In one of my favorite episodes of The West Wing, Toby is being legally deposed in relation to his ex-wife’s pregnancy. At one point, the attorney deposing him asks “how pregnant is your ex-wife?” Toby’s response is something like, “the way I understand it, pregnancy is binary, you either are or you’re not.”
And this is the way we typically understand salvation. You’re either saved or not. There aren’t degrees of salvation. And at one level, I agree. Our status before God is not determined by our merits. We don’t have to achieve something to be declared saved. But we can be more saved than we are today. It’s not simply a binary category.
OK, relax. Let me explain. Salvation would be a binary if it only related to the issue of personal guilt and eternal reward. In or out. But salvation refers to so much more than that. Salvation refers ultimately to God’s renewal of all things which will be complete at the end of the age. While we can belong to that age right now, we don’t yet experience the fullness of that reality. And in between now and that time, Paul says we are “being saved,” or we are being “transformed from one degree of glory to another.” This means, among other things, that it is possible to experience the saving work of God in our lives in greater and greater ways.
Put another way, the problem with sin is more than just guilt. Sin is a power that distorts all of reality, that keeps us from living lives full of God’s intentions. Salvation, then, would be more than just forgiveness, but also the healing of our lives from the destructive effects of sin and death. It’s possible for me to experience my salvation today in ways more rich and full than I did yesterday.
The way the Reformers talked about this was in terms of regeneration. First, one is justified, then one is sanctified. But this isn’t quite right. As N.T. Wright, James Dunn, and others have pointed out, all the metaphors for salvation have both a now and not yet sense. We are justified now, but we will also be justified at the end of the age. We are made holy now, but we will also be sanctified at the end of the age. All of it happens now, but won’t be fully realized until the end of the age. Salvation is always happening to us.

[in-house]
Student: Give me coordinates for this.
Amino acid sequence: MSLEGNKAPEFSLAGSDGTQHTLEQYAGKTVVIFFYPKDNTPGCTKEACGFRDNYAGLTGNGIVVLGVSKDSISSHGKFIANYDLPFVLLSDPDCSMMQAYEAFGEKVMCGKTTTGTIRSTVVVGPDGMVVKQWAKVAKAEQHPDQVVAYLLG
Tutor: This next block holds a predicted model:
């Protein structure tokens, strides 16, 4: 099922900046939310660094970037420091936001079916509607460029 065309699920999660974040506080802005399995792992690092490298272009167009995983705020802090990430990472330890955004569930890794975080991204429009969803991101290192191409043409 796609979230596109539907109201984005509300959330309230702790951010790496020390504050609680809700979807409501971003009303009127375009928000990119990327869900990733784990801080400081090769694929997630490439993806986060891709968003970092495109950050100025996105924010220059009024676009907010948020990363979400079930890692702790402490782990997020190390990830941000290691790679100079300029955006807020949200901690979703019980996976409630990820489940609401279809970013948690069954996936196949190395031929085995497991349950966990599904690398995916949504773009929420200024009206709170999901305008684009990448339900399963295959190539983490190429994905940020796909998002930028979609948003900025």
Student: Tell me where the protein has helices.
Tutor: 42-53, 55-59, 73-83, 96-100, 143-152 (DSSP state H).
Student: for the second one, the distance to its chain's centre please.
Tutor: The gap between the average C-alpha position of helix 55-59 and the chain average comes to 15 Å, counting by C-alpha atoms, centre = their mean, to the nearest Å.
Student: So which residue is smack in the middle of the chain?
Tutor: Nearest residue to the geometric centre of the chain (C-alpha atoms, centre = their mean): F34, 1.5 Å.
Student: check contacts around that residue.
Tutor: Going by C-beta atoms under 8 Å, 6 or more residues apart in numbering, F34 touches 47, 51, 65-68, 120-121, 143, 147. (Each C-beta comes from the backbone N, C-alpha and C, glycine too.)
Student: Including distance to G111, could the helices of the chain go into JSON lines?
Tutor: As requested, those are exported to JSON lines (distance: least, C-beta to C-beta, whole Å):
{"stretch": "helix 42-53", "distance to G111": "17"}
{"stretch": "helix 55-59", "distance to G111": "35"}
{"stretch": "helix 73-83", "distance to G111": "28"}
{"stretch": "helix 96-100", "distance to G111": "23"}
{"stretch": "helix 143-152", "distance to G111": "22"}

Here’s the thing. God expects that his saving work will make us better. The problem with the old “Reformed” view in its popularized forms, was that it wasn’t clear why the church or ethics were important if you’d already been “saved.” And if salvation isn’t by works, why does how you live ultimately matter?
But salvation is about how we live. We’ve been invited into a new way of life under a different set of powers. This is God’s work too as he provides the environment through which our lives more fully embody his grace over time. This isn’t simply for our good, but for the good of all of creation which is groaning in longing for the revealing of the children of God. Creation’s renewal is tied to our own. As we live more fully in the salvation offered to us by God, it benefits our neighbors and our neighborhoods, and the ultimate shape of God’s glory becomes more evident. God’s grace will create better lives for the sake of a better world.
Now, God doesn’t love us one whit more if we’re living more fully into his salvation, just as he doesn’t love me more than my atheist neighbor. I am loved completely just as I am. But God does expect that I will be more saved in the future than I am today, and that I will live a life that will stand the scrutiny of the final day.